Wellness

What Happens When People Reveal Their Mental Illness to Their Boss?

Employees with mental illness deserve a chance to prove they can continue contributing to their company and work in a stigma-free environment. It can be a burden for employers, but they have a duty to support the employee and keep their information confidential.
05/17/2016 08:21am ET | Updated May 18, 2017
Portrait of tired woman touching her head

This is the second part in a series about revealing mental illness at the workplace. The first part, "What Happened When I Told My Boss I Was Struggling With Mental Illness," tells my story.

For some employees, telling their boss or co-workers they struggled with mental illness was one of the best career decisions they made. For others it was the beginning of a short path toward being fired or forced to resign.

When employees deal with mental illness, they sometimes need to tell their boss or co-workers so they can work out a special arrangement such as different hours or time off. The discussion also provides them the opportunity to explain symptoms that might affect their performance or behavior around the office. Sometimes they only want to open up to co-workers to bond and deepen their working relationship.

Because of the stigma of mental illness, people often assume this can only have negative consequences for employees. The risk, however, is better than waiting for the burden to destroy their career.

It's not as black and white as keeping the job or getting fired. The stories in this article show a range of outcomes of disclosing mental health conditions in the workplace.

The Employee Keeps the Job, But It's More Complicated Than That

Based on the stories collected for this article, here are some of the positive outcomes and ways bosses will support employees with mental illness:

  • Allowing short periods of time off with pay
  • Allowing long periods of time off without pay but guaranteeing job security
  • Creating a new position with hours and tasks the employee can handle
  • The conversation can make co-workers and employers closer

Even when these positive outcomes happen, the situation isn't perfect or free of stress.

When one of her employees took a long leave for treatment at a mental health facility, Accessibility Partners Head of Business Development Dana Marlowe decided to keep the job open for her.

"She lost us money, and stressed out a lot of her fellow employees who had to pick up the slack," Marlowe said. "This wasn't a shining moment for our employee, but I stacked it against four years of great job performance."

The transition was rough at times, but the employee eventually regained her normal schedule and made Marlowe happy she allowed her to stay.

Gossiping Spreads and Creates a Hostile Work Environment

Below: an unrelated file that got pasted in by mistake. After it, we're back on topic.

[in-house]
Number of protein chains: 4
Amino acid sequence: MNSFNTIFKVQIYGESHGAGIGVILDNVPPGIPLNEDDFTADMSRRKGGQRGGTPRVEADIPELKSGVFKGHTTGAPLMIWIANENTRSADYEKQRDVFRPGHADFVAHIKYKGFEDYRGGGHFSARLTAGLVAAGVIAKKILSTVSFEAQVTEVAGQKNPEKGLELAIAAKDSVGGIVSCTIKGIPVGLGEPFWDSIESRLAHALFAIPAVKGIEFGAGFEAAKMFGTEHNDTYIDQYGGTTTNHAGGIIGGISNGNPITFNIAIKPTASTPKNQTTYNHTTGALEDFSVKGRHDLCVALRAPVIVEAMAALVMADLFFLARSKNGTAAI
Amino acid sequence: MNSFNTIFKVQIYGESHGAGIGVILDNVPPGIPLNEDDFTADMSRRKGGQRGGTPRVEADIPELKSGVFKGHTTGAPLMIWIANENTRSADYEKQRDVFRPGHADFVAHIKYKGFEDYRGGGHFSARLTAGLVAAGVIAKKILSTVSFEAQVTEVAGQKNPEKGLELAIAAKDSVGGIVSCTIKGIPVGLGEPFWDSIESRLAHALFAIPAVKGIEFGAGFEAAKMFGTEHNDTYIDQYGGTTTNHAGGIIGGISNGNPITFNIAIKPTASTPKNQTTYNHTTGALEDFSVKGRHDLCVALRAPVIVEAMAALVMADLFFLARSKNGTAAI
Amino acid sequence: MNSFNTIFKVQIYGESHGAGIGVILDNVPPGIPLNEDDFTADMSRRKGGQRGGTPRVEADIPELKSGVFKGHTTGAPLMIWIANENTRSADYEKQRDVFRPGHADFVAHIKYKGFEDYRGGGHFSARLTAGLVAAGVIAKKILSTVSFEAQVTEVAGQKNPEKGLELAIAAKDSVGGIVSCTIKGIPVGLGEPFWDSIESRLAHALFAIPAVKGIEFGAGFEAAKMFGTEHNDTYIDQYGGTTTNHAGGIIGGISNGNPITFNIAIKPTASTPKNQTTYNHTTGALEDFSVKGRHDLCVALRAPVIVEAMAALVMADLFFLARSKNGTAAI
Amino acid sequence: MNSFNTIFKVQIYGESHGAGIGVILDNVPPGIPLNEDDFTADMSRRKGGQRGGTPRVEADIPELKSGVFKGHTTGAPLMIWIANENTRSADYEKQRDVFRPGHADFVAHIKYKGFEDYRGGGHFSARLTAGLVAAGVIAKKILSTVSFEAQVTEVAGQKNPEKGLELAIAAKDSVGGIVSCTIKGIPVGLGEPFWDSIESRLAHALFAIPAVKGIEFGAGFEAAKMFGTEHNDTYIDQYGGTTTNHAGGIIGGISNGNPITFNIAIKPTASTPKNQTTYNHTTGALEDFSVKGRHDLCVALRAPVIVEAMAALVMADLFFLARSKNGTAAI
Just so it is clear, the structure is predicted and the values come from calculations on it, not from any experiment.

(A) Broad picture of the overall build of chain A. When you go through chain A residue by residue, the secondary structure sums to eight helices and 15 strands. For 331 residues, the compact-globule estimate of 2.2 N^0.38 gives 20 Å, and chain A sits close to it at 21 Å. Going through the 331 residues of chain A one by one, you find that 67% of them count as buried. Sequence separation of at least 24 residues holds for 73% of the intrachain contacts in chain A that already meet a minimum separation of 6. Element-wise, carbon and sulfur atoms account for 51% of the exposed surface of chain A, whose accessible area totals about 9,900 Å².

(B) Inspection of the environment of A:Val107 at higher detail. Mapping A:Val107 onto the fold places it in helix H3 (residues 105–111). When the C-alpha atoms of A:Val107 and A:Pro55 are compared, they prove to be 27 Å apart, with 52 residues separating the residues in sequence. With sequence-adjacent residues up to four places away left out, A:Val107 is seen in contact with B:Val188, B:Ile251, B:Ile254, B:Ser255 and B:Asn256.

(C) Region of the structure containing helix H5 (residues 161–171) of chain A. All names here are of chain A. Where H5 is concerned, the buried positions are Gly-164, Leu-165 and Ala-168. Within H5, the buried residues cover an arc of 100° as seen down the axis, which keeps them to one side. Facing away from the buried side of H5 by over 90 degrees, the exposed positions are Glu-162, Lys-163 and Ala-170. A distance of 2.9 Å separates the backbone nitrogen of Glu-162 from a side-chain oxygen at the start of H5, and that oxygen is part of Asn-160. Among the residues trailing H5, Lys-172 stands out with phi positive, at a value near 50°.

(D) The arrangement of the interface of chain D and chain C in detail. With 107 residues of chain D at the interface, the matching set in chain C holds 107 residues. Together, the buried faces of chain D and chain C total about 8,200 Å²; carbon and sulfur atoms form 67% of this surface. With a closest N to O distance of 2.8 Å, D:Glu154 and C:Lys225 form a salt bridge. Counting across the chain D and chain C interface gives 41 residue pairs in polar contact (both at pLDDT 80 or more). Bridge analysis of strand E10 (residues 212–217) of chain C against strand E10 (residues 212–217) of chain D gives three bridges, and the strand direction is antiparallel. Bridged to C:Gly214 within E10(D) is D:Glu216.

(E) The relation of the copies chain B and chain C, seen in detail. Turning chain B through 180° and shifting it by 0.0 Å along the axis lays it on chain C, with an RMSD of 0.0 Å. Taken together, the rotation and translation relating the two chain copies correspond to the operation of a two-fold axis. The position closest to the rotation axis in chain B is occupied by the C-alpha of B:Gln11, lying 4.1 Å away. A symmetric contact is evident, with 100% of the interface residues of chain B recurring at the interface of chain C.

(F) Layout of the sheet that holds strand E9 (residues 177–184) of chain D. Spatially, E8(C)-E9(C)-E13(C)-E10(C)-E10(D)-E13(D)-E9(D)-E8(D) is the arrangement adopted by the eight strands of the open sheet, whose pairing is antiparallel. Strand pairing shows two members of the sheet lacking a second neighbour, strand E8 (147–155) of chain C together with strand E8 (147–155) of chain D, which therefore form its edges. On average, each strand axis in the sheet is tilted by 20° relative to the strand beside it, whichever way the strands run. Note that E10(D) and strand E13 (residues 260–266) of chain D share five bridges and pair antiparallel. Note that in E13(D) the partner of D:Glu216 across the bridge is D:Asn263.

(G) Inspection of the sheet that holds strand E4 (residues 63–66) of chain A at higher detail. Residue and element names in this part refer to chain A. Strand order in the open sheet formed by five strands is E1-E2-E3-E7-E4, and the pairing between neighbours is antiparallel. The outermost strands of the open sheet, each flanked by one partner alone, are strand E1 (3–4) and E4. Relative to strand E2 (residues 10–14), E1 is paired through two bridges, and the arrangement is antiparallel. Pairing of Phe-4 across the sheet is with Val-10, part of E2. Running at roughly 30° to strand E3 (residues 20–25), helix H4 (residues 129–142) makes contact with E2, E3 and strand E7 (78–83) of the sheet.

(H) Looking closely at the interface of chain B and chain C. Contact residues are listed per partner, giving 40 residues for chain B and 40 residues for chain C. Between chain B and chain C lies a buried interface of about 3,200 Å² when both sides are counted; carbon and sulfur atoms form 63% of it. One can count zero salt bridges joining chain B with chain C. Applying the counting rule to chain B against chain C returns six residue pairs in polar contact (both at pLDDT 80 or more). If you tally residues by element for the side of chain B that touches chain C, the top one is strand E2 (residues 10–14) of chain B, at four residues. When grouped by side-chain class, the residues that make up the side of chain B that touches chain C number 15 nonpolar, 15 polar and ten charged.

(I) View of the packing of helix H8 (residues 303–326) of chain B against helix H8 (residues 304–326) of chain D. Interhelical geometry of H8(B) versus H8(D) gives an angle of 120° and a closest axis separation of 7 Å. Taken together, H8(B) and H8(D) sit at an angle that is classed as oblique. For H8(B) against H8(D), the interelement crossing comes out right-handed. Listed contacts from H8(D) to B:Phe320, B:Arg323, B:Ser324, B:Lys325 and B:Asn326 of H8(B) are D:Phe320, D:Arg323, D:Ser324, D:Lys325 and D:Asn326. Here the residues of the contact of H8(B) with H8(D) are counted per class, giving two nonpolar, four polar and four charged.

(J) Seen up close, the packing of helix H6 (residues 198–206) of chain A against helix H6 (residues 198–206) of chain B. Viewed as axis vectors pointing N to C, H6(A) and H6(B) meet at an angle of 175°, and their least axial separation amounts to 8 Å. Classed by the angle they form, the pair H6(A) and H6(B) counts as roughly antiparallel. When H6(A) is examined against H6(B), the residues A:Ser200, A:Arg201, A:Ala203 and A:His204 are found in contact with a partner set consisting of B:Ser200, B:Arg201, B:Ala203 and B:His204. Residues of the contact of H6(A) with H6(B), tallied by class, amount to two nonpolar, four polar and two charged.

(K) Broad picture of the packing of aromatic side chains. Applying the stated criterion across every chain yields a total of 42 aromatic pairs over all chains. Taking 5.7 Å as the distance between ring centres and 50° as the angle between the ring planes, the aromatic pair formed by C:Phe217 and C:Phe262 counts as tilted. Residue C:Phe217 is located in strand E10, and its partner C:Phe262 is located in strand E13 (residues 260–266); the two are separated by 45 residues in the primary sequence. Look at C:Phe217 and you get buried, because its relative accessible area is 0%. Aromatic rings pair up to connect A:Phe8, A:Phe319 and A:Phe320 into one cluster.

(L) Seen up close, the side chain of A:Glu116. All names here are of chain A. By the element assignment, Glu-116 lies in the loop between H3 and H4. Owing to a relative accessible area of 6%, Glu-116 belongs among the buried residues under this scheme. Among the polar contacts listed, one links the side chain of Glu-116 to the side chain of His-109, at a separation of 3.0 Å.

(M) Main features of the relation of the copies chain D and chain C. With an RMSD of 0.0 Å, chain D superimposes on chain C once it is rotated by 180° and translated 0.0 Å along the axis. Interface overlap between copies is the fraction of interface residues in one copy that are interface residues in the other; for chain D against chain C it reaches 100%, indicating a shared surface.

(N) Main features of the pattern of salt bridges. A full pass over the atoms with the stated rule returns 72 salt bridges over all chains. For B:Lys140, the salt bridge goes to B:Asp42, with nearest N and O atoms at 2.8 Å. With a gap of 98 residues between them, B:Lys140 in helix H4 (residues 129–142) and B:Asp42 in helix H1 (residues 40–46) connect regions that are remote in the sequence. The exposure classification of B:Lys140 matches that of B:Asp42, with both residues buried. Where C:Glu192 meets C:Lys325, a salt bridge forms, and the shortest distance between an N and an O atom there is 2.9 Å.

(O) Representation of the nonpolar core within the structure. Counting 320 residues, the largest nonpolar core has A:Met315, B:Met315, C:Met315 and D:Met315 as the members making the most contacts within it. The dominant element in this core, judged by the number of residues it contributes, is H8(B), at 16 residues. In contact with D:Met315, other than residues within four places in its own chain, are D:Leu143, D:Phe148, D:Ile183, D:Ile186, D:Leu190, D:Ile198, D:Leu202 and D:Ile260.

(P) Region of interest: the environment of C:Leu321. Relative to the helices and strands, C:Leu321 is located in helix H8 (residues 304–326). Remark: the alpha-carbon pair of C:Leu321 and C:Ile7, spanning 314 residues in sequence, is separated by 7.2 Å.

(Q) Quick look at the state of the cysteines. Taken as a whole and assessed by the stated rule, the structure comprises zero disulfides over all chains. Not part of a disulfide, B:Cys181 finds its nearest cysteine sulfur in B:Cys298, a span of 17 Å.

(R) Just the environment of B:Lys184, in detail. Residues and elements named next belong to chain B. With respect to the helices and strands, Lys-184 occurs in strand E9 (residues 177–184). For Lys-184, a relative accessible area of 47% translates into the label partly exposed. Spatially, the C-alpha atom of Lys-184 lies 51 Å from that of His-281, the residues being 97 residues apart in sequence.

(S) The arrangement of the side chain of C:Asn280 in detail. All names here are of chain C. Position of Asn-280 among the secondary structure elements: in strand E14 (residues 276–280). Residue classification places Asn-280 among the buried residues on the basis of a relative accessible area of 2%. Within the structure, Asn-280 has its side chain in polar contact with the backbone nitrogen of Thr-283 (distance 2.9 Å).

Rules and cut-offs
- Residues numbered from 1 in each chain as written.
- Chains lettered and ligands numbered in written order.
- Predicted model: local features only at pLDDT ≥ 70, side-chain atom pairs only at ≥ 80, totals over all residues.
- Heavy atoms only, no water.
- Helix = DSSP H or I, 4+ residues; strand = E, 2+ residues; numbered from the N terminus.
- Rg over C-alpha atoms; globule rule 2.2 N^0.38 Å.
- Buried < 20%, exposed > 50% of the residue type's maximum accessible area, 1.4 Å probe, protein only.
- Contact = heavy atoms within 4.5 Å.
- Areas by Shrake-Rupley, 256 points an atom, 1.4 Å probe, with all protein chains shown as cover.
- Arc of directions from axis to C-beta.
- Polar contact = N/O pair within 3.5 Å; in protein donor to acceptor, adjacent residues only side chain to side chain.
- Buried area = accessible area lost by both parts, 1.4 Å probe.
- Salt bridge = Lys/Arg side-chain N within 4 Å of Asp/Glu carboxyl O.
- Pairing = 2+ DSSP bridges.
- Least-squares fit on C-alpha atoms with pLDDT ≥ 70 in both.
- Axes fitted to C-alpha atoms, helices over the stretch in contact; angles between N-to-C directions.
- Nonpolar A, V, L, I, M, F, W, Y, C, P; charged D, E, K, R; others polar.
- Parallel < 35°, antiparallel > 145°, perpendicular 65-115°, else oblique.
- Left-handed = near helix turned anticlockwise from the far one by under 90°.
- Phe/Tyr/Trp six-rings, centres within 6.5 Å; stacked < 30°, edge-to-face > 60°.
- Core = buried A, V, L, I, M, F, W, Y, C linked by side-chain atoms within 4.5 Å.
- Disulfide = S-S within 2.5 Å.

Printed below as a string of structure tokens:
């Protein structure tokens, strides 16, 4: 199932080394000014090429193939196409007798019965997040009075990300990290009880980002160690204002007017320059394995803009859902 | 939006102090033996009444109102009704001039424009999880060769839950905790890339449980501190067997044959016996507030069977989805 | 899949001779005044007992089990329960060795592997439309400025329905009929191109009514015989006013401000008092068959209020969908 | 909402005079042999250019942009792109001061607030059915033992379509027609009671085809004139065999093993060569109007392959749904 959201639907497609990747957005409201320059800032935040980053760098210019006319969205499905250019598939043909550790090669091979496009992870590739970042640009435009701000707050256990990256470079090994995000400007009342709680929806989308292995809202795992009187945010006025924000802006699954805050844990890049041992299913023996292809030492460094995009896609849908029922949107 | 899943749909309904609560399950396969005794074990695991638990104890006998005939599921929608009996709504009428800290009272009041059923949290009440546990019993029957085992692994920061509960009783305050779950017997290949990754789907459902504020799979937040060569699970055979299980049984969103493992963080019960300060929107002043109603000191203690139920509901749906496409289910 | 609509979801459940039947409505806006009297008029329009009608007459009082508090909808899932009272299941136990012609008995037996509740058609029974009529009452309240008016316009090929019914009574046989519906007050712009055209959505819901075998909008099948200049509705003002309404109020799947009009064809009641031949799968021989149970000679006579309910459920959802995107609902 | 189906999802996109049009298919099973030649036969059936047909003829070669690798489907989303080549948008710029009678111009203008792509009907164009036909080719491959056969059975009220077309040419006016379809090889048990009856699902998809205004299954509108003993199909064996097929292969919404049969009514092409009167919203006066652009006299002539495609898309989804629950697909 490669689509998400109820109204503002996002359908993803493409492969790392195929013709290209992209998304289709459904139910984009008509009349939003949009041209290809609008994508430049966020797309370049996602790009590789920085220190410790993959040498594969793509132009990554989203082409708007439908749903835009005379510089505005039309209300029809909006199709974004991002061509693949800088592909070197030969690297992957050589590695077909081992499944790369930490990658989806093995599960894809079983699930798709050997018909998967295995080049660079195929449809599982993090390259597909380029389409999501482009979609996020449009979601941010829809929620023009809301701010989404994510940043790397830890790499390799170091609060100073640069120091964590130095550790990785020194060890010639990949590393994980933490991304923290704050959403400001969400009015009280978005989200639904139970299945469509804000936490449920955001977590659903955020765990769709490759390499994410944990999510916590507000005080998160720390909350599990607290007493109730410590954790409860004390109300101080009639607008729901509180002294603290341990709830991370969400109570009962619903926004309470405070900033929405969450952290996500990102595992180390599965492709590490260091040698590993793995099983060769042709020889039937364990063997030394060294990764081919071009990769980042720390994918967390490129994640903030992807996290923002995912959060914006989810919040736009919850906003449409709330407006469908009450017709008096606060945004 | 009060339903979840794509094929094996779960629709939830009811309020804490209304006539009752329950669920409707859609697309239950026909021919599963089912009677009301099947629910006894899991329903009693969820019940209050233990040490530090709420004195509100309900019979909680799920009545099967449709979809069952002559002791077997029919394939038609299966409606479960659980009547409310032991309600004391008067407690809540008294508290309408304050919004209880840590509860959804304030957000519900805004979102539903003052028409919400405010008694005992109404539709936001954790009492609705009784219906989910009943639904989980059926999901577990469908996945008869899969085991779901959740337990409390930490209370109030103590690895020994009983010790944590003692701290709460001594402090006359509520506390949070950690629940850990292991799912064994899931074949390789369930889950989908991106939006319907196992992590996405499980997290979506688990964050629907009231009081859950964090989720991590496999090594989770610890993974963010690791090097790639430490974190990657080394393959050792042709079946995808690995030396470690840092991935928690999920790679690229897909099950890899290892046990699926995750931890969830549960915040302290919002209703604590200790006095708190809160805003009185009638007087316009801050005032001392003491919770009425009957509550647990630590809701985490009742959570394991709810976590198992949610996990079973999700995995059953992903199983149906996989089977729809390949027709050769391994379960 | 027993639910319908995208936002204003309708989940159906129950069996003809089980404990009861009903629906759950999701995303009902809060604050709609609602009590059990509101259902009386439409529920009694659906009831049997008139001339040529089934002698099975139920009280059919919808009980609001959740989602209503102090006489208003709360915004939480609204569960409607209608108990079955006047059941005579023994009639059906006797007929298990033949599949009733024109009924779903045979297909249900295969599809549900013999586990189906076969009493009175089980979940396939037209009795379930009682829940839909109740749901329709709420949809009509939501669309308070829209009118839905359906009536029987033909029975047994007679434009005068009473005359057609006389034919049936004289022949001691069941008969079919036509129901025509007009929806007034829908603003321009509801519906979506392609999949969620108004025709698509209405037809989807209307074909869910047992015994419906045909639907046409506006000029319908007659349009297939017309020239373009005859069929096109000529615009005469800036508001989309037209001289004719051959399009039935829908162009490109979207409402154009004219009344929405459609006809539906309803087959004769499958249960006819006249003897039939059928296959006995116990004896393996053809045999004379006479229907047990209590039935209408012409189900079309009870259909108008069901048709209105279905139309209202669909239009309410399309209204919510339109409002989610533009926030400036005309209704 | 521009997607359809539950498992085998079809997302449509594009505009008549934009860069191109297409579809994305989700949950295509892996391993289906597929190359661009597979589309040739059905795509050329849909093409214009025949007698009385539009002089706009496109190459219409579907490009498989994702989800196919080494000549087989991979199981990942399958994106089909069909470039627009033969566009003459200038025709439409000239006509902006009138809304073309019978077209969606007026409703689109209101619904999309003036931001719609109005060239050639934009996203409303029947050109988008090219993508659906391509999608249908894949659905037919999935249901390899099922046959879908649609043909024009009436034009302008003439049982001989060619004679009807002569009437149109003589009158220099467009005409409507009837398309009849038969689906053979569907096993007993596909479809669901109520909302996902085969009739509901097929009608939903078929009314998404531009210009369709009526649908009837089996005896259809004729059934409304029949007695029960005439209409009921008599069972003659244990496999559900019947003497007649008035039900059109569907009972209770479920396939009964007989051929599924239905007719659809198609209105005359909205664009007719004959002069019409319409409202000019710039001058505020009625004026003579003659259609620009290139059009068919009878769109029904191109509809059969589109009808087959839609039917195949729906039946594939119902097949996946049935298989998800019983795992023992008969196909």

Author Anita Miranda confided in her supervisor when she was having trouble with her PTSD. She then caught her supervisor spreading false information about the situation. This ultimately lead to a hostile work environment that forced her to leave.

"My therapist told me they would be easier on me and laws would protect me," Miranda said. "Instead they used it against me."

One of the biggest risks in disclosing mental illness to a supervisors is the possibility they will not keep the information confidential. When co-workers learn about the mental health condition, they might take the opportunity to create a hostile work environment rather than being supportive.

They Seem to Accept It, But Do They Really?

When employees disclose their mental health conditions, employers who have a problem with the situation will most likely not immediately fire them. These employers usually wait a few months to see how symptoms affect the employee's performance.

Malicious employers lie to the employee, telling him or her they can accommodate the condition when they actually intend to fire them. Then they wait a few months so they can terminate or force out the employee without it seeming like the mental illness was the reason.

When veteran David Pfister told his superior officers he was dealing with severe mental health conditions, they told him they supported him. This only lasted a few months, though.

"After I wasn't 'fixed' in that time I was basically a problem they wanted to get rid of," Pfister said.

Bosses pressured him to leave, according to Pfister. The leadership believed he was weak and a bad example for the people he was in charge of, he said. After they stripped his rank, he left.

What Employees and Employers Should Take Away

Employees with mental illness deserve a chance to prove they can continue contributing to their company and work in a stigma-free environment. It can be a burden for employers, but they have a duty to support the employee and keep their information confidential.

"Being a good employer is about fostering win-win situations for the company and the valuable employees who work there," said Netfloor USA President Ryan Hulland. "In many cases those with mental illnesses can not only function as well as others, but often have unique talents and capabilities that an employer would be foolish to overlook."

If more employers take on this attitude, the positive stories in this piece can become more common than the negative ones.

We're focusing on mental illness and the workplace in honor of Mental Health Month. If you have a story or blog you'd like to share about wellbeing at work, please email strongertogether@huffingtonpost.com.

Suggest a correction